Meet Maggie, UVA’s Newest Police Dog

January 23, 2023 By Jane Kelly, jak4g@virginia.edu Jane Kelly, jak4g@virginia.edu

The newest hire in the University of Virginia’s Police Department commanded lots of attention on the Lawn earlier this month.

She arrived on time for our interview with her entourage in tow. I could spy her from a distance, rounding the Rotunda, her tail perfectly upright. But when she arrived and we began our exchange, it quickly became apparent this would be a fractured conversation as, time and again, new admirers inched over for a not-so-quick nuzzle of her impossibly mushy and adorable muzzle.

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At the time, Maggie the bloodhound was 11 weeks old and just starting to learn the ropes. She is the police department’s first bloodhound and will use her astute sniffer to help find missing people.

But what caught her attention the most during our meeting was a used paper napkin that was discarded on the ground.

“They have the most scent receptors out of any dog breed in the world,” said her handler, officer Logan Moore. “So they pretty much naturally are instinctive into tracking and finding. So that’s why they’re mainly chosen by police agencies.”

That napkin must have smelled wonderful because she kept going back to it. Moore explained that her long ears are part of what makes her such a good napkin tracker. As she moved along sniffing, he explained, her velvety flaps were acting as aural funnels, dragging along the ground and bringing invisible scent particles up into the folds of her face.

Three weeks prior, Maggie had arrived in Charlottesville from Kentucky, where she was born. Just as Moore began to share her back story, a woman approached. “Oh, my goodness, is that a cute puppy,” she gushed. “You know, I’ve never seen a bloodhound puppy.”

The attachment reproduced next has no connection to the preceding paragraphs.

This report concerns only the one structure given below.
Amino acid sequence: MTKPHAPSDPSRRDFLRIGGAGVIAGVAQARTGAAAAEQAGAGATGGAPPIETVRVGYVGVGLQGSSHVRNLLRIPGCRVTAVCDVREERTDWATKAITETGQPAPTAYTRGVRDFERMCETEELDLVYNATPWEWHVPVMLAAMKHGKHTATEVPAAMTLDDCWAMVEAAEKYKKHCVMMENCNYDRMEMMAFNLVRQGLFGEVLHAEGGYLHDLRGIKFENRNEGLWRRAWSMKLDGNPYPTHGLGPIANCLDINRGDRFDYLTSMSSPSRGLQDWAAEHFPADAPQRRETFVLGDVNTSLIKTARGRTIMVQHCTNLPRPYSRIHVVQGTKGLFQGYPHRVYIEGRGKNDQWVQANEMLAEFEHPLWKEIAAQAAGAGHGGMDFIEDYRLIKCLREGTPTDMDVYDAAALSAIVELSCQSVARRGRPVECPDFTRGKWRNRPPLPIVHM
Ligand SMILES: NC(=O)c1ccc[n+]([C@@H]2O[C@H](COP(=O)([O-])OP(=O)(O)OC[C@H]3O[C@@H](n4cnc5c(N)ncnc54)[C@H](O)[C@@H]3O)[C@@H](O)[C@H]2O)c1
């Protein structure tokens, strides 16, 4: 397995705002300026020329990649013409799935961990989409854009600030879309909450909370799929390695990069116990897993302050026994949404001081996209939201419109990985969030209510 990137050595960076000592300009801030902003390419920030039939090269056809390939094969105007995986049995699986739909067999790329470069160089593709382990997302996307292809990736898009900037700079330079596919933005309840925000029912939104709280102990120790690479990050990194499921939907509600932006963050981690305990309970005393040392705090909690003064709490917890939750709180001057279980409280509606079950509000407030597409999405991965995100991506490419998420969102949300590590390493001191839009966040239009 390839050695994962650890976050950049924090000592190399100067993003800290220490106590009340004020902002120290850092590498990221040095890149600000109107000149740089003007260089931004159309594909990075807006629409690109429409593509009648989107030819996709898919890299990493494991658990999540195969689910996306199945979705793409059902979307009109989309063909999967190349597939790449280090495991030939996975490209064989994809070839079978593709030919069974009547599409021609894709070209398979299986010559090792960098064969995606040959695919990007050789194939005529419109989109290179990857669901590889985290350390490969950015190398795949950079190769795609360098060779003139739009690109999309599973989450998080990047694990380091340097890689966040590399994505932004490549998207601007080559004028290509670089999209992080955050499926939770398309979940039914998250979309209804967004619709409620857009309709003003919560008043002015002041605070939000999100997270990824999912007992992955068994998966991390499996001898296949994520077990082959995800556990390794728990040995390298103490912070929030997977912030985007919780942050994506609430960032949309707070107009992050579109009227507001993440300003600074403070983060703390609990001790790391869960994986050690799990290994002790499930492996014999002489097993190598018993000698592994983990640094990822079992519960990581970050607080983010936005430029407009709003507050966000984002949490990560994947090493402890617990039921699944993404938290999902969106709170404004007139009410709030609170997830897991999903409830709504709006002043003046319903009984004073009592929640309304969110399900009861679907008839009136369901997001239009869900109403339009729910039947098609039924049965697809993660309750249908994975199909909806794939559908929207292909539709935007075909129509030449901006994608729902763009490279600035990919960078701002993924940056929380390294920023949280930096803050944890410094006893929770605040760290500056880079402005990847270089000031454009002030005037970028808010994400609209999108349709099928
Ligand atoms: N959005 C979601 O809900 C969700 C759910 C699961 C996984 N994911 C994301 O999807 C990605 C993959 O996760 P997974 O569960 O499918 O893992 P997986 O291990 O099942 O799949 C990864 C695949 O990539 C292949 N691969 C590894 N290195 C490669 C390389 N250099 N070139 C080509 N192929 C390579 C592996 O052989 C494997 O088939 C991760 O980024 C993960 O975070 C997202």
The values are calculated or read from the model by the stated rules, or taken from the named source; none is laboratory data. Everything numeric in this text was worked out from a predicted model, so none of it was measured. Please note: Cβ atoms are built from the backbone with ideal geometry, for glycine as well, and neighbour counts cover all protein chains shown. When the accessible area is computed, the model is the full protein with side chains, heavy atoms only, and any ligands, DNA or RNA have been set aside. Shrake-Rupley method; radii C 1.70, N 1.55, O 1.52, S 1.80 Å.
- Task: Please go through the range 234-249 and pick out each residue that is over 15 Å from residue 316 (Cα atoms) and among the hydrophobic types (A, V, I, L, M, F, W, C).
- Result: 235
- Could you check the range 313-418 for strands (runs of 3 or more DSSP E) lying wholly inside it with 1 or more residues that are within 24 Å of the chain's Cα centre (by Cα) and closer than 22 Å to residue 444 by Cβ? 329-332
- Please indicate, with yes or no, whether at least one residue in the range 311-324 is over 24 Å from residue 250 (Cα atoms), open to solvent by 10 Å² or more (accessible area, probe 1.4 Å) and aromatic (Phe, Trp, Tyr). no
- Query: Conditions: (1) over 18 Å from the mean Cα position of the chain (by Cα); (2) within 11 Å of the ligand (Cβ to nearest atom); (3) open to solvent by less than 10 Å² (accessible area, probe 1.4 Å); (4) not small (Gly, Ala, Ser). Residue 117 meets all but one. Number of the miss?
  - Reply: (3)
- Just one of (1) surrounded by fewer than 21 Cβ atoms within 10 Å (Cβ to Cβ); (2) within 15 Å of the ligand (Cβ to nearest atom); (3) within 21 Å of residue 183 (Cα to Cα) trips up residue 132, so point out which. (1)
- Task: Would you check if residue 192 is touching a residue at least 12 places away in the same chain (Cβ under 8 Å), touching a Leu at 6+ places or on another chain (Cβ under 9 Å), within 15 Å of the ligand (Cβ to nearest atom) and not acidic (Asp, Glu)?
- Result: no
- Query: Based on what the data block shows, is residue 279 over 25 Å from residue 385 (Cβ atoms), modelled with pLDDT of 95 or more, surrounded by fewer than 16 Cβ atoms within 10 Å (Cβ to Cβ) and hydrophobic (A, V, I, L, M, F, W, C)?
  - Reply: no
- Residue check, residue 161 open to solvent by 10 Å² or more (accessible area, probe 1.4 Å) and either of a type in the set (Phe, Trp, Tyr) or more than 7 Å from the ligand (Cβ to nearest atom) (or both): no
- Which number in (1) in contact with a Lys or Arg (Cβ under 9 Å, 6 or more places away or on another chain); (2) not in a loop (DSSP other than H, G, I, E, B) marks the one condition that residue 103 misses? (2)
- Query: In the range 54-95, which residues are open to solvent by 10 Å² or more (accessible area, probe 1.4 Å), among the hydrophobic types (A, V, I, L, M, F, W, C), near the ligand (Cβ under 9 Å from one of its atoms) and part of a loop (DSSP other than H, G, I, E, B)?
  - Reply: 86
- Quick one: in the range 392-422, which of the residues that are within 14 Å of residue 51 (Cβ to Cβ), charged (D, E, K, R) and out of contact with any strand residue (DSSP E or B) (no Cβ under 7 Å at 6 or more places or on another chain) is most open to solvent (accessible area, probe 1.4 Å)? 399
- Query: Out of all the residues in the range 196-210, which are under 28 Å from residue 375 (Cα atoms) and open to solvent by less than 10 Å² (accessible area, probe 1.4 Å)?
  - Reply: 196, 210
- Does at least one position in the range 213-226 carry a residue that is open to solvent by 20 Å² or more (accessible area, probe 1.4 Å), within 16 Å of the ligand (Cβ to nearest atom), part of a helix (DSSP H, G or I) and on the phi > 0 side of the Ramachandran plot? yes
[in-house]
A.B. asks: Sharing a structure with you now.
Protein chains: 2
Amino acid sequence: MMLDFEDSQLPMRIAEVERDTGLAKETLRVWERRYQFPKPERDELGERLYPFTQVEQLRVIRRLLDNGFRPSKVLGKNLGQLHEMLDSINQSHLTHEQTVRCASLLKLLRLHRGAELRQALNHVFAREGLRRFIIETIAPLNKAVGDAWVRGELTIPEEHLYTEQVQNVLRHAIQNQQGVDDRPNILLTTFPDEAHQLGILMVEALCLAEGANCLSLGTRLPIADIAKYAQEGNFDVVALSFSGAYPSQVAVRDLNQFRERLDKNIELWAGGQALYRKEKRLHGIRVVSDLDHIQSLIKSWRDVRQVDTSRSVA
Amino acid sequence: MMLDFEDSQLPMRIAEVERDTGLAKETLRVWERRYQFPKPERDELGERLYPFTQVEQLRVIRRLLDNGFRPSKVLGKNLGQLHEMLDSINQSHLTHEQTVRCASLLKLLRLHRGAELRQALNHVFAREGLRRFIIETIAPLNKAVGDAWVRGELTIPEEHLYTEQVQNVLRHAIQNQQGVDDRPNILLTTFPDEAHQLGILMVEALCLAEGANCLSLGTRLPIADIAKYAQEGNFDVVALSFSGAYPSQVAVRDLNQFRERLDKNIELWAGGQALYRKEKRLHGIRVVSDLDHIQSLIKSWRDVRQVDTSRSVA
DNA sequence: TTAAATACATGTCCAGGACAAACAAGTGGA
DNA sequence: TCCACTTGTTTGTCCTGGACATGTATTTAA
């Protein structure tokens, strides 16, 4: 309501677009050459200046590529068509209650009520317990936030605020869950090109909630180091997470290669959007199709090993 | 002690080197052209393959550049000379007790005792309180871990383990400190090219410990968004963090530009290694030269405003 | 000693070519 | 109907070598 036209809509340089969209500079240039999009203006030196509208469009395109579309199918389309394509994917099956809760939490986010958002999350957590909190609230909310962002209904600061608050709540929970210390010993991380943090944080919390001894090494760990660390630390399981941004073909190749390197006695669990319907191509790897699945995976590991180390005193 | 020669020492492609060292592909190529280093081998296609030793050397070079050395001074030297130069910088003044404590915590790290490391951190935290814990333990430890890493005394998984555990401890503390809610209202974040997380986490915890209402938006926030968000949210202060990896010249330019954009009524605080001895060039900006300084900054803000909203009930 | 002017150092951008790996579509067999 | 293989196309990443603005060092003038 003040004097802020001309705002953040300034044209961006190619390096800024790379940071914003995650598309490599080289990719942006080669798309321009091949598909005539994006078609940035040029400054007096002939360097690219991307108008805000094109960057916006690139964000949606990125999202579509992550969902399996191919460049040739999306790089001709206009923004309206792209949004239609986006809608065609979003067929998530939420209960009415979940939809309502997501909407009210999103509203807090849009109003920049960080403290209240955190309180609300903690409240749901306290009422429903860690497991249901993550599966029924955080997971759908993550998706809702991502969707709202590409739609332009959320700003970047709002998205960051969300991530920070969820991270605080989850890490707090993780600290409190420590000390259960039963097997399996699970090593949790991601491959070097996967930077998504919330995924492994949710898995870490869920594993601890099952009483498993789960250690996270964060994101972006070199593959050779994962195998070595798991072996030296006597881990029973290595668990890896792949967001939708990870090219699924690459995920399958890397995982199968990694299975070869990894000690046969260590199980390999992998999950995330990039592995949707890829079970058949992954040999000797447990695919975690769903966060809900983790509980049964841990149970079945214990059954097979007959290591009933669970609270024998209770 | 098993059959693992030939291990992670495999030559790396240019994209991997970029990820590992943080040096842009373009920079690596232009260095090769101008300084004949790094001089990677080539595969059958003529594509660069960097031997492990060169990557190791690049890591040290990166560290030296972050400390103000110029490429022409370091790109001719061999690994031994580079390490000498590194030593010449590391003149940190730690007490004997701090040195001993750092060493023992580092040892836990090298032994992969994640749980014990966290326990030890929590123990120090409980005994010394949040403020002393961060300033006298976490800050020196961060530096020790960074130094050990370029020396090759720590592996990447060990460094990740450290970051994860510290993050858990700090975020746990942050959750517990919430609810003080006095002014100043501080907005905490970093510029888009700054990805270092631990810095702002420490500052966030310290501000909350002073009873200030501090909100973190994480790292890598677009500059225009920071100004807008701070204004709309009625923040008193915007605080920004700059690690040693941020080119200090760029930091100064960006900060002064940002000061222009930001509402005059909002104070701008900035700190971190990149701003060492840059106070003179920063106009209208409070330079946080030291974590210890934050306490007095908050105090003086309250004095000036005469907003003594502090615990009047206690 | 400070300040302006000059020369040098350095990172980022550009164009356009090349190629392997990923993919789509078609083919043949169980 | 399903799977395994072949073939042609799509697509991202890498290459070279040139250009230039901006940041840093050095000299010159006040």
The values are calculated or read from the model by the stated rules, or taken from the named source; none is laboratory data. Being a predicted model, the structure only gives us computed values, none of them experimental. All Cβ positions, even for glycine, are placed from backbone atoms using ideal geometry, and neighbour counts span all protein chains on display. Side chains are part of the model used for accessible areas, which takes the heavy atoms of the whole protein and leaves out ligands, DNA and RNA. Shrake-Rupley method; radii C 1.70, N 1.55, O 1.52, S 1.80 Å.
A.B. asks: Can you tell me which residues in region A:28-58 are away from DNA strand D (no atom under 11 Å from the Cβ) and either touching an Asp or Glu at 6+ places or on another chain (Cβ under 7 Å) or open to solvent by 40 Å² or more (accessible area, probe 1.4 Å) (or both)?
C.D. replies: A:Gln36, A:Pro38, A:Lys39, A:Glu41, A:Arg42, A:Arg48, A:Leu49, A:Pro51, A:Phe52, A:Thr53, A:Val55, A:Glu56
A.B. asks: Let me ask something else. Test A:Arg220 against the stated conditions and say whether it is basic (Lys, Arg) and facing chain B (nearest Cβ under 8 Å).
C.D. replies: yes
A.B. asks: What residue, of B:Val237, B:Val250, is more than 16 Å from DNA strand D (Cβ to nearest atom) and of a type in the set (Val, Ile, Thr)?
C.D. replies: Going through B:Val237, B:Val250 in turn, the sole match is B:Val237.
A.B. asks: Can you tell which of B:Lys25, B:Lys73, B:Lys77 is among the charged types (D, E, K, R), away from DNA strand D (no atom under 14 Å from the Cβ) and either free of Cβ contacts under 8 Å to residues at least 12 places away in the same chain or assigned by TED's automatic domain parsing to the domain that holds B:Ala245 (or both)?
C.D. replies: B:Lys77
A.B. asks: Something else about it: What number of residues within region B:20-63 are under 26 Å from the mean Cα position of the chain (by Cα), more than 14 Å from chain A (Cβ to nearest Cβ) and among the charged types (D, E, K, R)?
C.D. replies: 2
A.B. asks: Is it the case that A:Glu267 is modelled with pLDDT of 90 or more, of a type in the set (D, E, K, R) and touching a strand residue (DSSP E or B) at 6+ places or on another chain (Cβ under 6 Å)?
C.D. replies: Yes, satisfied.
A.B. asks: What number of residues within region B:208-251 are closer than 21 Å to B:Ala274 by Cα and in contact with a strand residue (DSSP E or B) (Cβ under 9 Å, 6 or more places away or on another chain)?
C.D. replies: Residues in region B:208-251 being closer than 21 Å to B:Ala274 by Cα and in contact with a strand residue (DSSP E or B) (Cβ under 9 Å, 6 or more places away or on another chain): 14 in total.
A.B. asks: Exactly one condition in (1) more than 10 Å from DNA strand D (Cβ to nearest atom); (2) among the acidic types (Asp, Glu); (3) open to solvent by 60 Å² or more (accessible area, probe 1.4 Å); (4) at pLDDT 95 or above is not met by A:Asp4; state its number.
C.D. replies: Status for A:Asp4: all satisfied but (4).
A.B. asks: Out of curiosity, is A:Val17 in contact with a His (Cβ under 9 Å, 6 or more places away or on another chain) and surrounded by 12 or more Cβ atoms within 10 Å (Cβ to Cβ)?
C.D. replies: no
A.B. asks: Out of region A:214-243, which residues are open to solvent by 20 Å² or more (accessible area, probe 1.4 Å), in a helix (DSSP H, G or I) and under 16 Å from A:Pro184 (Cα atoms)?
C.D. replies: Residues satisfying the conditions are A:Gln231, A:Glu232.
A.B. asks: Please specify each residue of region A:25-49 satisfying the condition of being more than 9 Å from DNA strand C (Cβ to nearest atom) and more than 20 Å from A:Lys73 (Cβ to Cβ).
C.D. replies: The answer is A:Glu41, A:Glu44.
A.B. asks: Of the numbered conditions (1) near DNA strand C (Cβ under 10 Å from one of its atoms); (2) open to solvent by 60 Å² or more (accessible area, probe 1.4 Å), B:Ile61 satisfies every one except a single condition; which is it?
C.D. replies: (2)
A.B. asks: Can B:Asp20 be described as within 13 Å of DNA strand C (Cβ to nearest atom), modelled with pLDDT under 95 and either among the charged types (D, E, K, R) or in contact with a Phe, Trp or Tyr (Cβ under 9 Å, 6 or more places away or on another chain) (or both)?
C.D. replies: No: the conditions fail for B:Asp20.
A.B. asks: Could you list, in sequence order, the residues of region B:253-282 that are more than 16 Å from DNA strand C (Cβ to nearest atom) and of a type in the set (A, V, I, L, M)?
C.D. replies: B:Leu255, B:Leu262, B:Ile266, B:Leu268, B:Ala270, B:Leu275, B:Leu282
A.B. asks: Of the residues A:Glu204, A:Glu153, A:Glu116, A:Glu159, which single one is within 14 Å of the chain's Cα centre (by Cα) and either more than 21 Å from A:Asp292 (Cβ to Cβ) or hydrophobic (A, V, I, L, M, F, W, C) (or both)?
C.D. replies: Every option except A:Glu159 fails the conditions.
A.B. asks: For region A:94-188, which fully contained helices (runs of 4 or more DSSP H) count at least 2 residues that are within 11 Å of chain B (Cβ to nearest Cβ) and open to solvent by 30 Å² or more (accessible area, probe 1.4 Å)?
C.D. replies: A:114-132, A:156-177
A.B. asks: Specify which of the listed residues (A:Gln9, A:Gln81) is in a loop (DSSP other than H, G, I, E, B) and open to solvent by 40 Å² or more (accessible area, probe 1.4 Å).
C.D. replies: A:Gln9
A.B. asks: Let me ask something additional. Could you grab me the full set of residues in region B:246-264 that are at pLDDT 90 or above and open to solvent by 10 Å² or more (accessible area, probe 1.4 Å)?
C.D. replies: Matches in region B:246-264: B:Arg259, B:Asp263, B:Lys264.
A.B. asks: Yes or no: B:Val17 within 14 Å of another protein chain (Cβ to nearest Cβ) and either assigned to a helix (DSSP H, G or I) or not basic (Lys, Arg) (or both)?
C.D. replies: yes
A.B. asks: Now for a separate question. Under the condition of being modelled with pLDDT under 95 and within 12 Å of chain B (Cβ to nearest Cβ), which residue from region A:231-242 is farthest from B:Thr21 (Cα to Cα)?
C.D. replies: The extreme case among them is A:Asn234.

Maggie has mastered shaking hands, or paws.

As I continued to record my conversation with Moore, the woman hovered nearby, commenting on how soft Maggie was. Then a look of realization came across her face. “Are you interviewing him? Oh, I’m so sorry,” she said.

Of, course there was no harm. There are not many people who can resist the allure of a puppy.

Maggie is also making doggy friends. She lives with Moore and his great Dane, Josie. Moore reports that she is also getting along nicely with her University Police Department canine coworkers, Rexo and Cooper.

For now, Moore is focused on socializing Maggie and getting her used to different terrain. He expects she will begin working when she is about 8 months old and certified to be a tracking dog.

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“Leading up to that, she’ll be a part of a training group and gradually keep building upon her skills,” he said.

In addition to working at UVA, Maggie will be able to pitch in if she is needed in the surrounding community.

“As with all agencies, we kind of have a mutual aid kind of thing. So, if you need help or have a resource that another department doesn’t have, you can certainly outsource that or ask for assistance at any time,” he said. “Bloodhounds aren’t as common as you would think. Certain agencies have them, certain don’t. Whoever needs help, you can request assistance and we can try to go out there and help them best we can.”

Media Contact

Jane Kelly

University News Associate Office of University Communications